You thought you knew everything there was to know about the Nexus 7? Well, you thought wrong. A curious owner of the device started doing what any totally rational person does with a brand-new tablet: expose it to magnetic forces. The results yielded an as-yet hidden feature in the Nexus 7, in the form a magnetic smart cover sensor. Simply take a magnet and put it up against the front or back of your Nexus 7 along the bottom left-hand side while in portrait mode with the display on, and you can see the effect for yourself. Or, you could just watch this video of our tipster doing it:
When a new Nexus device is released, there are a few things that can be expected: a new version of Android, a stock user experience, and a certain three ninjas unboxing the device in the most ninja-way possible. These three facts also ring true for the Nexus 7, and this time around the Ninjas are up against more than just each other - UFC welterweight Georges St Pierre takes on the role of Dr. Paul to unbox (and defend) the Nexus 7 in a way that only a badass such as himself can do.
Like previous Ninja's Unboxing videos, stop-motion master Patrick Boivin handled the direction work on this one, and even took the time to throw in a few hidden Android/Nexus gems.
Our I/O Nexus 7s just received update notifications that a new software build is available for download - this is very likely the final retail build users will see when they receive their devices.
While a "changelog" of sorts pops up with the update notification, it's stock dialogue from a full-on Jelly Bean upgrade, not something specific to this particular update for the Nexus 7. More than likely, this OTA just irons out some bugs and turns off some unnecessary data logging and pre-release testing tweaks.
There are three things I have noticed so far on the updated software, though:
Jelly Bean was announced at Google I/O just recently, but a posting from Google's Android open source guru, Jean-Baptiste Queru has confirmed that Android 4.1 is hitting the Android Open Source Project (AOSP) repository right now. Time for the developers among you to update your clients to get all the official bits.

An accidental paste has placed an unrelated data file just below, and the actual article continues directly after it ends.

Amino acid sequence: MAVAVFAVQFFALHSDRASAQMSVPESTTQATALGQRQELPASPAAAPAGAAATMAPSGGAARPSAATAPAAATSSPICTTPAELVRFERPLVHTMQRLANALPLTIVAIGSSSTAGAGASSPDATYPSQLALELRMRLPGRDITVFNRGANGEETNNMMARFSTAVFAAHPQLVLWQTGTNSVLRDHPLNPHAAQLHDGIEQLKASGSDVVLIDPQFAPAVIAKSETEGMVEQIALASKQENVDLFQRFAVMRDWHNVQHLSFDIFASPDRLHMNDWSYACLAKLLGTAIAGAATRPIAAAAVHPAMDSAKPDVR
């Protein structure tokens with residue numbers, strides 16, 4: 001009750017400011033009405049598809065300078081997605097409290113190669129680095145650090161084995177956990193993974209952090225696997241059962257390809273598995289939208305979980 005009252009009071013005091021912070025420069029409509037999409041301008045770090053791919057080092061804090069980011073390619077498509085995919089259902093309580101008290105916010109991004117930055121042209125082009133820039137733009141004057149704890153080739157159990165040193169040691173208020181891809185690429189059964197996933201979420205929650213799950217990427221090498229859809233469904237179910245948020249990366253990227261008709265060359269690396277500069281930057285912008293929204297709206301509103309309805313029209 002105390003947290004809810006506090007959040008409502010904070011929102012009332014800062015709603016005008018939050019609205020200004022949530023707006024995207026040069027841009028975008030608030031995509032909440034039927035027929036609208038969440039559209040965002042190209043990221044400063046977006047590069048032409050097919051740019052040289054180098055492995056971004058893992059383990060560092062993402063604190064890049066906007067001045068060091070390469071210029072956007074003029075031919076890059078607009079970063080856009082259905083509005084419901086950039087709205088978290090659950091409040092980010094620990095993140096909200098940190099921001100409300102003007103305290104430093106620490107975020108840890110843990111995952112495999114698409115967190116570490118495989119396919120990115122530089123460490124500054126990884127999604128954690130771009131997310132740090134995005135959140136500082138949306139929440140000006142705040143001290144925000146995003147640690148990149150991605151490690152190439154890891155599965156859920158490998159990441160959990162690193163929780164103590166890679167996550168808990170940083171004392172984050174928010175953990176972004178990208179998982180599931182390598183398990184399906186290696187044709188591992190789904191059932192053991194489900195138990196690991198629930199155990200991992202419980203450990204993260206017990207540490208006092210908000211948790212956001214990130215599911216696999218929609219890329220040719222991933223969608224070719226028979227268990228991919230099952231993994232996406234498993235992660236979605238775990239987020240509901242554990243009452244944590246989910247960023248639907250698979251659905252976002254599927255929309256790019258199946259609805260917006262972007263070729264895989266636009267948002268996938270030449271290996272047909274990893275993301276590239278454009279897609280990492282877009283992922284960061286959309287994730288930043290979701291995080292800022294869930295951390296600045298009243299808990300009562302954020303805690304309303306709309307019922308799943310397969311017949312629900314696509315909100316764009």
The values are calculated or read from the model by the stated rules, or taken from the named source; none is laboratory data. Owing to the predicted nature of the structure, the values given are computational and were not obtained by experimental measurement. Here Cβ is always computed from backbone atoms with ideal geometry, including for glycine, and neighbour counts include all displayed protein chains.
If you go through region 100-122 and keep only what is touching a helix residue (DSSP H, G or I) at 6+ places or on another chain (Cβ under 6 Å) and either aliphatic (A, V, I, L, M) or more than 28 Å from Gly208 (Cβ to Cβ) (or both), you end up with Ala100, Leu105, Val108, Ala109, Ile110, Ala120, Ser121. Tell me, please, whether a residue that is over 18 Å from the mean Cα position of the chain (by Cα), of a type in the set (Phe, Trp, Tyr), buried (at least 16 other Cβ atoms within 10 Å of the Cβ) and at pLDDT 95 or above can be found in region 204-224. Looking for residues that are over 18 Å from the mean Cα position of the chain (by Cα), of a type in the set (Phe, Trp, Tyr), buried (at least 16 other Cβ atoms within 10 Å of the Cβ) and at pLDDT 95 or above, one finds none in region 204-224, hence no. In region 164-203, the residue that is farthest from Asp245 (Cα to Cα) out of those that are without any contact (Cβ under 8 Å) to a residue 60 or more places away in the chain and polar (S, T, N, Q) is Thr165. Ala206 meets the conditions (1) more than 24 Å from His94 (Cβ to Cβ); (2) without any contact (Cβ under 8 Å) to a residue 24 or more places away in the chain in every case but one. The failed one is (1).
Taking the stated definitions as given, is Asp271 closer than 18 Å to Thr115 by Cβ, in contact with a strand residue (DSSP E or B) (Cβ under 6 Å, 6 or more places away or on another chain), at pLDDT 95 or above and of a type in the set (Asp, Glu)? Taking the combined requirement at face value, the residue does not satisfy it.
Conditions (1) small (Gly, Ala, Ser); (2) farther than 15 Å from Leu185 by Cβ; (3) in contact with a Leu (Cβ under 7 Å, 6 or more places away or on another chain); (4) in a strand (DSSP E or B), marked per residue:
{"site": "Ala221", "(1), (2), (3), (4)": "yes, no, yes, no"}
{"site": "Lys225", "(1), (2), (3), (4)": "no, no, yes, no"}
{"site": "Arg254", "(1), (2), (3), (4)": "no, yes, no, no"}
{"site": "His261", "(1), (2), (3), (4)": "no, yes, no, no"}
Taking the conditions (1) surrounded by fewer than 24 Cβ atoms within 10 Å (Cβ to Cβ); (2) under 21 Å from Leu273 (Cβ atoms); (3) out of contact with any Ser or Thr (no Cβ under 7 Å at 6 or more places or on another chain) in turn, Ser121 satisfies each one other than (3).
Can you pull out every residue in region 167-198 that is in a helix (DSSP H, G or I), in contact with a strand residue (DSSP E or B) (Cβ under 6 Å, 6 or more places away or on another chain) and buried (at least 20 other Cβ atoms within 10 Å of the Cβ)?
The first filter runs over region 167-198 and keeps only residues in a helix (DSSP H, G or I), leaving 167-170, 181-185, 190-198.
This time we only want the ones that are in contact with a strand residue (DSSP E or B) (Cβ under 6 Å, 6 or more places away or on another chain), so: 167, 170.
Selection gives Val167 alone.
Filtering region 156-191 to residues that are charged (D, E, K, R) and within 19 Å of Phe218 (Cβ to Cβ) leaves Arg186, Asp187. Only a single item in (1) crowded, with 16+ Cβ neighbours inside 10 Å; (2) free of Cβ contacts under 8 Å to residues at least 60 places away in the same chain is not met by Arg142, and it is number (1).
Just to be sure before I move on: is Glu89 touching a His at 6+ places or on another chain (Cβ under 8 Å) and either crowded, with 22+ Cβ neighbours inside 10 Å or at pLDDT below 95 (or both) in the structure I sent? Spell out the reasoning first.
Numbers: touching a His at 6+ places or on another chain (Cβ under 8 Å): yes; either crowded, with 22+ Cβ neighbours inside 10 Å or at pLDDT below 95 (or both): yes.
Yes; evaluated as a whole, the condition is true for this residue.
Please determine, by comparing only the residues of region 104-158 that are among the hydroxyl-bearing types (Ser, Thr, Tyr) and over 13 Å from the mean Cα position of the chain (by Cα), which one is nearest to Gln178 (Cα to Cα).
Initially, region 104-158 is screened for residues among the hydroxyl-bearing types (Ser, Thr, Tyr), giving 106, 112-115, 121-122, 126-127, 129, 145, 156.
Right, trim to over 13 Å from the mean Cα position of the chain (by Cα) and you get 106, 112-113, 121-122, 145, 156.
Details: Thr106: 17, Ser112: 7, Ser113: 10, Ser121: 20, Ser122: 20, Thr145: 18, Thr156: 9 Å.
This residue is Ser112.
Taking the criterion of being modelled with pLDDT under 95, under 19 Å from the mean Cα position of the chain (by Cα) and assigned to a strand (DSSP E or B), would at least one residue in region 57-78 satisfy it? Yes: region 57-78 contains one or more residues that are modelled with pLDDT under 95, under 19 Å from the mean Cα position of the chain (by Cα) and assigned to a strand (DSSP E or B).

This release will be tagged as android-4.1.1_r1 in AOSP. While the source is going live now, the full proprietary binaries for Google-blessed devices won't be rolled out until later. Google plans to directly support the Nexus 7, Galaxy Nexus, Nexus S, and Xoom through AOSP. Be aware that the addition of the Jelly Bean code to AOSP doesn't mean any OTA updates are on the way.
Now that the real, thorough reviews have landed, you've hopefully had a chance to read thorough some of them and get an intimate look at the Nexus 7. To summarize David's review:
The scary thing about the Nexus 7 is that I can't think of a good reason not to go out and buy one. Seriously - if you're on the fence, just do it.
In fact, just about any review you look at will say the same.
Over the last week, I've read seemingly countless complaints about the lack of local storage on the Nexus 7. "Why isn't there a 32GB version?" "Why isn't the 16GB version cheaper?
Android tablets, for the last year plus they've existed, haven't been anything to get excited over. At least that's my opinion on the matter. And even if you've wanted one (a good one), most of them have been sort of expensive. But now that Google has unveiled the first true Nexus tablet (XOOM who?), for a mere 200 of your dollars, you can get in on the computing revolution. At that price, Google isn't shooting for the premium market. It's targeting first-time tableteers, boldly going where only Amazon and various Chinese knock-offs have gone before - into the sub-$200 slate market.
The contest is now over. Here are the winners, selected at random:
- Roderick Cross
Congratulations - you will be contacted for your information in the near future!
The Nexus 7 was undoubtedly the biggest announcement to come out of Google I/O. And for good reason, too: it's the new face of Android. This next-gen Android slate is the future of things to come for our favorite OS, as it finally puts an incredibly powerful, yet affordable tablet in the hands of the masses.
Update: Here are some more comparison photos from a different Nexus 7.
Google just dropped the full OS image for the recently announced at Google I/O Nexus 7 tablet. The image allows you to restore the tablet back to full stock Android 4.1 (build JRN84D) in case something goes wrong. This way, developers can tweak its internals without fearing a brick and users can always go back to something stable if a flash goes awry.
There are no surprises here - the Nexus 7 is a true Nexus device after all. Great job publishing the image promptly, Google!
It's interesting to note that the page name switched from "Factory Images for Nexus Phones" to "Factory Images for Nexus Devices" which made me realize and allow to sink in yet again just what exactly happened in the last 3 days.